EmergingTech from Japan

Gigaphoton more than doubles EUV light source output to 92W


Gigaphoton Inc., a wholly owned subsidiary of Komatsu Ltd., has developed a prototype laser-produced plasma (LPP) light source unit that achieved 92W extreme ultraviolet (EUV) light source output at 4.2% conversion efficiency—more than doubling the company's previous result of 43W.

Gigaphoton's EUV light source

Much better results for output and conversion efficiency have been reported, but only in the lab. What makes this prototype special is that its performance is approaching a level at which implementation in a practical EUV system becomes possible, according to a Gigaphoton spokesperson.

Cymer, a leading LLP light source manufacturer acquired by ASML in May 2013, developed a 70W-output LLP light source. An ASML EUV system employing the source reportedly achieved throughput of 52 wafers per hour. Gigaphoton estimates the 92W output power is equivalent to throughput of about 60 wafers per hour under the same conditions.

The greatest obstacle for EUV is low throughput due to low output power of light sources. Low output power means exposure of one wafer takes a long time, with the result that throughput is insufficient for high-volume manufacturing (HVM). Hence, the moves in the semiconductor industry to seek solutions for further scaling through ArF multi-patterning or by combining multi-patterning and direct self-assembly. Despite the increase in the number of processes, some manufacturers think ArF immersion lithography is advantageous and practical compared with solutions based on EUV systems.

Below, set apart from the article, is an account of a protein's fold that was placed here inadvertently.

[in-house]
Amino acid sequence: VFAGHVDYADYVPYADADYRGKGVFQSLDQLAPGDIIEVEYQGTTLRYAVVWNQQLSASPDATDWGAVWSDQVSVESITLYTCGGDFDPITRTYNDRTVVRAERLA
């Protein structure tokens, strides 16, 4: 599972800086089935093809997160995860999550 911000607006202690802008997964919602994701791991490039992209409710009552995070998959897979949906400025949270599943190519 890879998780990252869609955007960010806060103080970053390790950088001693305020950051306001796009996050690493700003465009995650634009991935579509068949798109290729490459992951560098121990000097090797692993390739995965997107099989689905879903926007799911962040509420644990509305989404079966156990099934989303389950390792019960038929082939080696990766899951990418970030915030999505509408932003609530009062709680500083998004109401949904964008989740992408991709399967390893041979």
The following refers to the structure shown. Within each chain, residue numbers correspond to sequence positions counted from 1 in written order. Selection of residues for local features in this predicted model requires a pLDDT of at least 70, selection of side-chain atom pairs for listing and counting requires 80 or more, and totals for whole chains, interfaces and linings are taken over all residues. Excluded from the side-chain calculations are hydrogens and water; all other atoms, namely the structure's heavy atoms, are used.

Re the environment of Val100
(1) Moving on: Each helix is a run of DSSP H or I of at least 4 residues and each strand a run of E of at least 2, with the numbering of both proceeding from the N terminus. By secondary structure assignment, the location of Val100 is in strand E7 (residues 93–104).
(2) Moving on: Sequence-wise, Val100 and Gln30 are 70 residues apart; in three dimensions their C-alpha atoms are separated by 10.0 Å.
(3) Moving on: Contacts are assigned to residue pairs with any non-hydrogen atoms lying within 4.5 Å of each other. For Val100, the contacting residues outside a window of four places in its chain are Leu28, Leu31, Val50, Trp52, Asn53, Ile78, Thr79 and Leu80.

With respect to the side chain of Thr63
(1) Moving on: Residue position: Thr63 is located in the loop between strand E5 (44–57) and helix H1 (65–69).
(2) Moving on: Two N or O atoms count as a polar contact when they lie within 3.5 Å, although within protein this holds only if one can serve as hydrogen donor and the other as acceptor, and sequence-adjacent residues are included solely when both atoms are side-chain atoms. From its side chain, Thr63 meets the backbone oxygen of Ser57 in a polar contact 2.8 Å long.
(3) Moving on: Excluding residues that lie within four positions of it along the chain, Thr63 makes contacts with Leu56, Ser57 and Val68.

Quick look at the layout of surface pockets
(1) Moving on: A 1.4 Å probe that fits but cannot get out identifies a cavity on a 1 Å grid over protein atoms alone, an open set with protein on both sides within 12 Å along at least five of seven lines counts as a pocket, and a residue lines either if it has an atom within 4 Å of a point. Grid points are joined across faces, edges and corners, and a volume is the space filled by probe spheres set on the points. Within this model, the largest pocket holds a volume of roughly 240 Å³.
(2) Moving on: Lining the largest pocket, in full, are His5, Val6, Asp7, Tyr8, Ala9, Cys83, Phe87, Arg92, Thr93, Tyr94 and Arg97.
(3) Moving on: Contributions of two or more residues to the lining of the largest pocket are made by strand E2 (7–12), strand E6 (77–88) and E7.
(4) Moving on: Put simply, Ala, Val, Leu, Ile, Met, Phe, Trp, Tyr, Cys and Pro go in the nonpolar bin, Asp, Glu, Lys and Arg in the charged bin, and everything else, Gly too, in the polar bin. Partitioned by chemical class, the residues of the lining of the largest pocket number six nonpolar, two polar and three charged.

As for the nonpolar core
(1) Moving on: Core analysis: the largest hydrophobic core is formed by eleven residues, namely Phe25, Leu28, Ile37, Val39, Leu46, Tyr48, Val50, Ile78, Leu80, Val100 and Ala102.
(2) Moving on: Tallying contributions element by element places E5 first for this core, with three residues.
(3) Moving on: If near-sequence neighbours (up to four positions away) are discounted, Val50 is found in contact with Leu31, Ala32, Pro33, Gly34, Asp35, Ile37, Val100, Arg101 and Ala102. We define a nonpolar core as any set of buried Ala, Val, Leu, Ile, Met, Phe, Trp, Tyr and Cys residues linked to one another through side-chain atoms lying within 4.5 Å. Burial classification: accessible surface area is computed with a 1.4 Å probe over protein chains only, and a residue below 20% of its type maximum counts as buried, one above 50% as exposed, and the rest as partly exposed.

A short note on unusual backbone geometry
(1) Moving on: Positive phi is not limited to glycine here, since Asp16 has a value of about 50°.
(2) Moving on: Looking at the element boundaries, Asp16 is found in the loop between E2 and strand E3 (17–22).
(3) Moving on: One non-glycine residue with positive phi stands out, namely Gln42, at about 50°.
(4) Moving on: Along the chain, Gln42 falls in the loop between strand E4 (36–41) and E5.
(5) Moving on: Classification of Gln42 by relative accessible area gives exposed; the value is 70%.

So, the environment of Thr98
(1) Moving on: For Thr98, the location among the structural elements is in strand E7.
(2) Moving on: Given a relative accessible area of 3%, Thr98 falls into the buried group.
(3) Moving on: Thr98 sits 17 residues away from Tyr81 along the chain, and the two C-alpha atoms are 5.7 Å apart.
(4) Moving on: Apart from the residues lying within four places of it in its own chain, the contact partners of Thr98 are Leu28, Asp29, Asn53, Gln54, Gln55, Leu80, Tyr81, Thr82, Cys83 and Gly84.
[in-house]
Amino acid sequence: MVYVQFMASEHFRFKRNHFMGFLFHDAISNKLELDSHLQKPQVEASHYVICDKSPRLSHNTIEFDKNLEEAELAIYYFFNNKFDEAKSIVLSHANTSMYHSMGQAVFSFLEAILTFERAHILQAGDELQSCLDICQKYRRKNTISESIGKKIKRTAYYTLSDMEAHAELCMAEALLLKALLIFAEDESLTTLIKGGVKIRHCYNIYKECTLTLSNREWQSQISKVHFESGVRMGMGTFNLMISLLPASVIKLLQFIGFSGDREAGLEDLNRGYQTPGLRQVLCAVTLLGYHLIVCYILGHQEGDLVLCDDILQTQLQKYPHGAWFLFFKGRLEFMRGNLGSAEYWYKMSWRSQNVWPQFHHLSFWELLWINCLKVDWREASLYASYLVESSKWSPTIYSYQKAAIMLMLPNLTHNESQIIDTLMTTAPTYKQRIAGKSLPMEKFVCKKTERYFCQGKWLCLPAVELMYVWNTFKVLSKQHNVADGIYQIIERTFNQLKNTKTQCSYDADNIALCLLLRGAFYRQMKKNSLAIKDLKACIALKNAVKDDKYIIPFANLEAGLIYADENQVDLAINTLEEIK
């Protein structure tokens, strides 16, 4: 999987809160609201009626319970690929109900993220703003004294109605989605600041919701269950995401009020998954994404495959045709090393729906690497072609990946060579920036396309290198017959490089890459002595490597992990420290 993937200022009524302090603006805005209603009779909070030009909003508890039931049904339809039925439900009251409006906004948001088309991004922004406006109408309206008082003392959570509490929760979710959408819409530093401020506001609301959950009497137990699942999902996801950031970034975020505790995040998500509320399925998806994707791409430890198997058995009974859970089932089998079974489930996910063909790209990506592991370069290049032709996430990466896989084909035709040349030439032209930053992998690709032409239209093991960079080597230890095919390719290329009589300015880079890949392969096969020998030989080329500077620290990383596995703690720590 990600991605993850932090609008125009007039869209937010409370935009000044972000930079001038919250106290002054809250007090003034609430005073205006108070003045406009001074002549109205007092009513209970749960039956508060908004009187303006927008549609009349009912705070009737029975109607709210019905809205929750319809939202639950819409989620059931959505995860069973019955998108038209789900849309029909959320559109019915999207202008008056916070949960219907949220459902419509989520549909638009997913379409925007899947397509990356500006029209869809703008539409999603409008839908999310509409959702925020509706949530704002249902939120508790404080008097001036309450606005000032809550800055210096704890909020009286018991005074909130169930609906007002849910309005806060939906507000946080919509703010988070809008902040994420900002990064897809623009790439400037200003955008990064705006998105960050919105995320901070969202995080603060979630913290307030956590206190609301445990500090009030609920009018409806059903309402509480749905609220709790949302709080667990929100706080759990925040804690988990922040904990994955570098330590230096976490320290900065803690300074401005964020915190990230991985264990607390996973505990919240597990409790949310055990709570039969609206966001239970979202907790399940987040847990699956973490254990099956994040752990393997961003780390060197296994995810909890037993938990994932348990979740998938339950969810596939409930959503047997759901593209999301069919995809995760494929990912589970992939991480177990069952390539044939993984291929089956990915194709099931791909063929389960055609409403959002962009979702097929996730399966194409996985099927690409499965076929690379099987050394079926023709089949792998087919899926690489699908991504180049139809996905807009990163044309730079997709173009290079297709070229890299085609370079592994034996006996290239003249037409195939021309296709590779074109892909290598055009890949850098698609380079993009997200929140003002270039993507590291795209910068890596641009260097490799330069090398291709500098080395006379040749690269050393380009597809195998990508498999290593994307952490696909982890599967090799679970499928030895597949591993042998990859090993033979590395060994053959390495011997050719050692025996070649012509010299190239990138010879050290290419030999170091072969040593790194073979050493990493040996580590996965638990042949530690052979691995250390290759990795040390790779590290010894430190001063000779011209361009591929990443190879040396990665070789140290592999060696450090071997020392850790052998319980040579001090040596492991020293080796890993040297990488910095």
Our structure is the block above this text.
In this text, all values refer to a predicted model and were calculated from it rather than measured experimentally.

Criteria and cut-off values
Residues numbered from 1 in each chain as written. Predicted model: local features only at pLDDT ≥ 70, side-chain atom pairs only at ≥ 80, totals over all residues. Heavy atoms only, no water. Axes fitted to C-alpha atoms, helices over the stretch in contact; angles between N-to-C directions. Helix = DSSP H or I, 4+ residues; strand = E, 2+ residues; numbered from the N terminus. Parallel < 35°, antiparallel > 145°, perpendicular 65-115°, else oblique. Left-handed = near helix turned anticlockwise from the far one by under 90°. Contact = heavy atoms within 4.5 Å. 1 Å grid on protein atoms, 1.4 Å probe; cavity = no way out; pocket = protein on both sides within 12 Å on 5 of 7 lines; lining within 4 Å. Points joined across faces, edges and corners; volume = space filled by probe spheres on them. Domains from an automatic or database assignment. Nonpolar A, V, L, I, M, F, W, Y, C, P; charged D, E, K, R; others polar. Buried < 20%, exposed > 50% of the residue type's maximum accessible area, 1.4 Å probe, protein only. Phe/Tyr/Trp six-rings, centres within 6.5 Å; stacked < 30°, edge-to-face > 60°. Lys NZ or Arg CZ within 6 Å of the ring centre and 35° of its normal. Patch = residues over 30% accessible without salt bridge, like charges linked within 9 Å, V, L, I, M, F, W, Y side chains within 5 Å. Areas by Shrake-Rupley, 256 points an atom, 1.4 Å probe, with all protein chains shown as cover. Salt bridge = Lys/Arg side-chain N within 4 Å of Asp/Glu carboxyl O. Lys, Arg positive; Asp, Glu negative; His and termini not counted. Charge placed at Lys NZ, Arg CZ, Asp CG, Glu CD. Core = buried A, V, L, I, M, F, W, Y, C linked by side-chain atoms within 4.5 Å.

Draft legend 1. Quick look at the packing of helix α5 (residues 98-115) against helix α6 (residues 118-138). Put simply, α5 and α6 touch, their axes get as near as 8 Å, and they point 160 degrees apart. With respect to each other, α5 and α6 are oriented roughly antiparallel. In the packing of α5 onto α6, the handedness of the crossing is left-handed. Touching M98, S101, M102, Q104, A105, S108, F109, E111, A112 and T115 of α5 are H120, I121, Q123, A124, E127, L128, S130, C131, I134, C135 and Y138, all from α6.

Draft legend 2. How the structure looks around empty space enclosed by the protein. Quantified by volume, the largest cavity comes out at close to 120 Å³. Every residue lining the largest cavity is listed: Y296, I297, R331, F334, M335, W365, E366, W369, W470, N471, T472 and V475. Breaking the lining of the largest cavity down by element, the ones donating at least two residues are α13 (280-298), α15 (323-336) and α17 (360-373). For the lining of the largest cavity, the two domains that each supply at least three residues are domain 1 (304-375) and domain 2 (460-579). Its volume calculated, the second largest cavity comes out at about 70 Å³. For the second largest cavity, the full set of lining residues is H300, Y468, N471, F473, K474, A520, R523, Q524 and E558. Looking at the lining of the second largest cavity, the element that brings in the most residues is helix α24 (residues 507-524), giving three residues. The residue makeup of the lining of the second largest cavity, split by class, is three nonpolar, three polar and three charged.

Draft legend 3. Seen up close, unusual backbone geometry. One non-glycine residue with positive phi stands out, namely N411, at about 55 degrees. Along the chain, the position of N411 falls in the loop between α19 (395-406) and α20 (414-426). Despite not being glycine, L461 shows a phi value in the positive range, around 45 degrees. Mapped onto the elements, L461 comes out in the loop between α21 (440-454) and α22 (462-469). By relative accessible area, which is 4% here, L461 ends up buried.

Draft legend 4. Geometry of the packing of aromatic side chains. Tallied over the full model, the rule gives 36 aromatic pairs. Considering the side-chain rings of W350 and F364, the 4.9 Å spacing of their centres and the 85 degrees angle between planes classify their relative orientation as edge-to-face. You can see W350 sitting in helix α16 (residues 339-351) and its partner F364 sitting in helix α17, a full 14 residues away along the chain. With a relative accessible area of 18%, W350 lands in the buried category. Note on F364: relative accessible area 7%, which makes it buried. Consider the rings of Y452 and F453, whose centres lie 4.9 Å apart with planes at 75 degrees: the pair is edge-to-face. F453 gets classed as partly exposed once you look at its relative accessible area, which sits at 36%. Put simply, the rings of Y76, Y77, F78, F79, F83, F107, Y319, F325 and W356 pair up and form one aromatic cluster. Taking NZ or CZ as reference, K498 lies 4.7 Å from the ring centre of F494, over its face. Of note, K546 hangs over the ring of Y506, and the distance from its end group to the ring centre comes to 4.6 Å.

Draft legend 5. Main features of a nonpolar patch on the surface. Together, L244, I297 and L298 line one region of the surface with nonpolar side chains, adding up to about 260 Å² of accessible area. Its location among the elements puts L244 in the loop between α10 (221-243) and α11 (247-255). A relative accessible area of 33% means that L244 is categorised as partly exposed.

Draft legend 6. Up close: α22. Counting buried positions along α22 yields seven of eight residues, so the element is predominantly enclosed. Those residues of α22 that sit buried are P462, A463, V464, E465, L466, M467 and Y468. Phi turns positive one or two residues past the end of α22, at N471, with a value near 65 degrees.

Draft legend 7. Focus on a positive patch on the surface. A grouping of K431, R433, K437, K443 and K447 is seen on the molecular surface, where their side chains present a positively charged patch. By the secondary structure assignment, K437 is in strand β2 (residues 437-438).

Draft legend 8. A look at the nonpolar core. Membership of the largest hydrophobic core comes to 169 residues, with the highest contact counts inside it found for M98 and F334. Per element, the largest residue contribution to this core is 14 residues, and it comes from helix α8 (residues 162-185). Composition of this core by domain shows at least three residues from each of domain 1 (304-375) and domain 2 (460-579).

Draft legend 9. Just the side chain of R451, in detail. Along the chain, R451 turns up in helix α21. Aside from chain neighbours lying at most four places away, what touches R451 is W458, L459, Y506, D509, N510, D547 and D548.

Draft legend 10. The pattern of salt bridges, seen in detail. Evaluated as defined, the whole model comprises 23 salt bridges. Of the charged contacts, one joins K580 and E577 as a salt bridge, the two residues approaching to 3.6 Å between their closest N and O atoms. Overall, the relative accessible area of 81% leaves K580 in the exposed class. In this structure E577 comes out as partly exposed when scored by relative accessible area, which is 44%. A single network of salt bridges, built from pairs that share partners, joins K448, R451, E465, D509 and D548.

Gigaphoton says the big jump in output is attributable to optimization of the two lasers used to emit the 13.5nm EUV light. At SemiconWest, which will be held in San Francisco from July 8 to 10, the company intends to disclose the technology that achieved the 92W output. Encouraged by the interest expressed by some customers despite the as yet modest throughput, Gigaphoton aims to raise output to 150W by the end of this year, and eventually to 250W, the minimum output considered necessary for HVM.

To emit EUV light, two lasers are deployed as LLP light sources with a time interval. First, a solid-state YAG laser emits infrared laser, working as prepulse, to break up tin (Sn) droplets, whose diameter is less than 20 microns, into minute fragments. Then, once the Sn fragments spread to an adequate diameter, the main-pusle CO2 laser beam is radiated, transforming most of them into EUV-light-emitting Sn ions in plasma.

At present, only ASML is developing an EUV system, for which Cymer, now a member of the ASML group, supplies the light source. Gigaphoton, however, believes the industry will require multiple sources. Hitoshi Tomaru, president of Gigaphoton, is quoted in a press release: "The 92W output achieved with our EUV light source is a fruit of Gigaphoton's commitment to pursuing unique R&D targeting higher-output, stable, lower-cost-of-operation LPP light sources." He believes the company's contribution will accelerate development of EUV scanners for HVM.

Gigaphoton's EUV light source development is subsidized by the New Energy and Industrial Technology Development Organization (NEDO). This 92W light source is the latest result of the company's ongoing R&D program.

Correction: In an earlier version of this story, Gigaphoton was incorrectly described. In the current version, the error has been fixed. We apologize for the lapse.

Press release:

Related articles:
Lithography: ArF immersion may go beyond 10nm, even to 7nm (Apr. 28, 2014)
ArF technology will go beyond 10nm half-pitch: Nikon (Mar. 27, 2014)
Japan's EUVL R&D project launched with Intel, Samsung, TSMC and Hynix participating (June 27, 2011)
Komatsu and Ushio to concentrate on LPP and DPP EUV light sources, respectively (Apr. 25, 2011)

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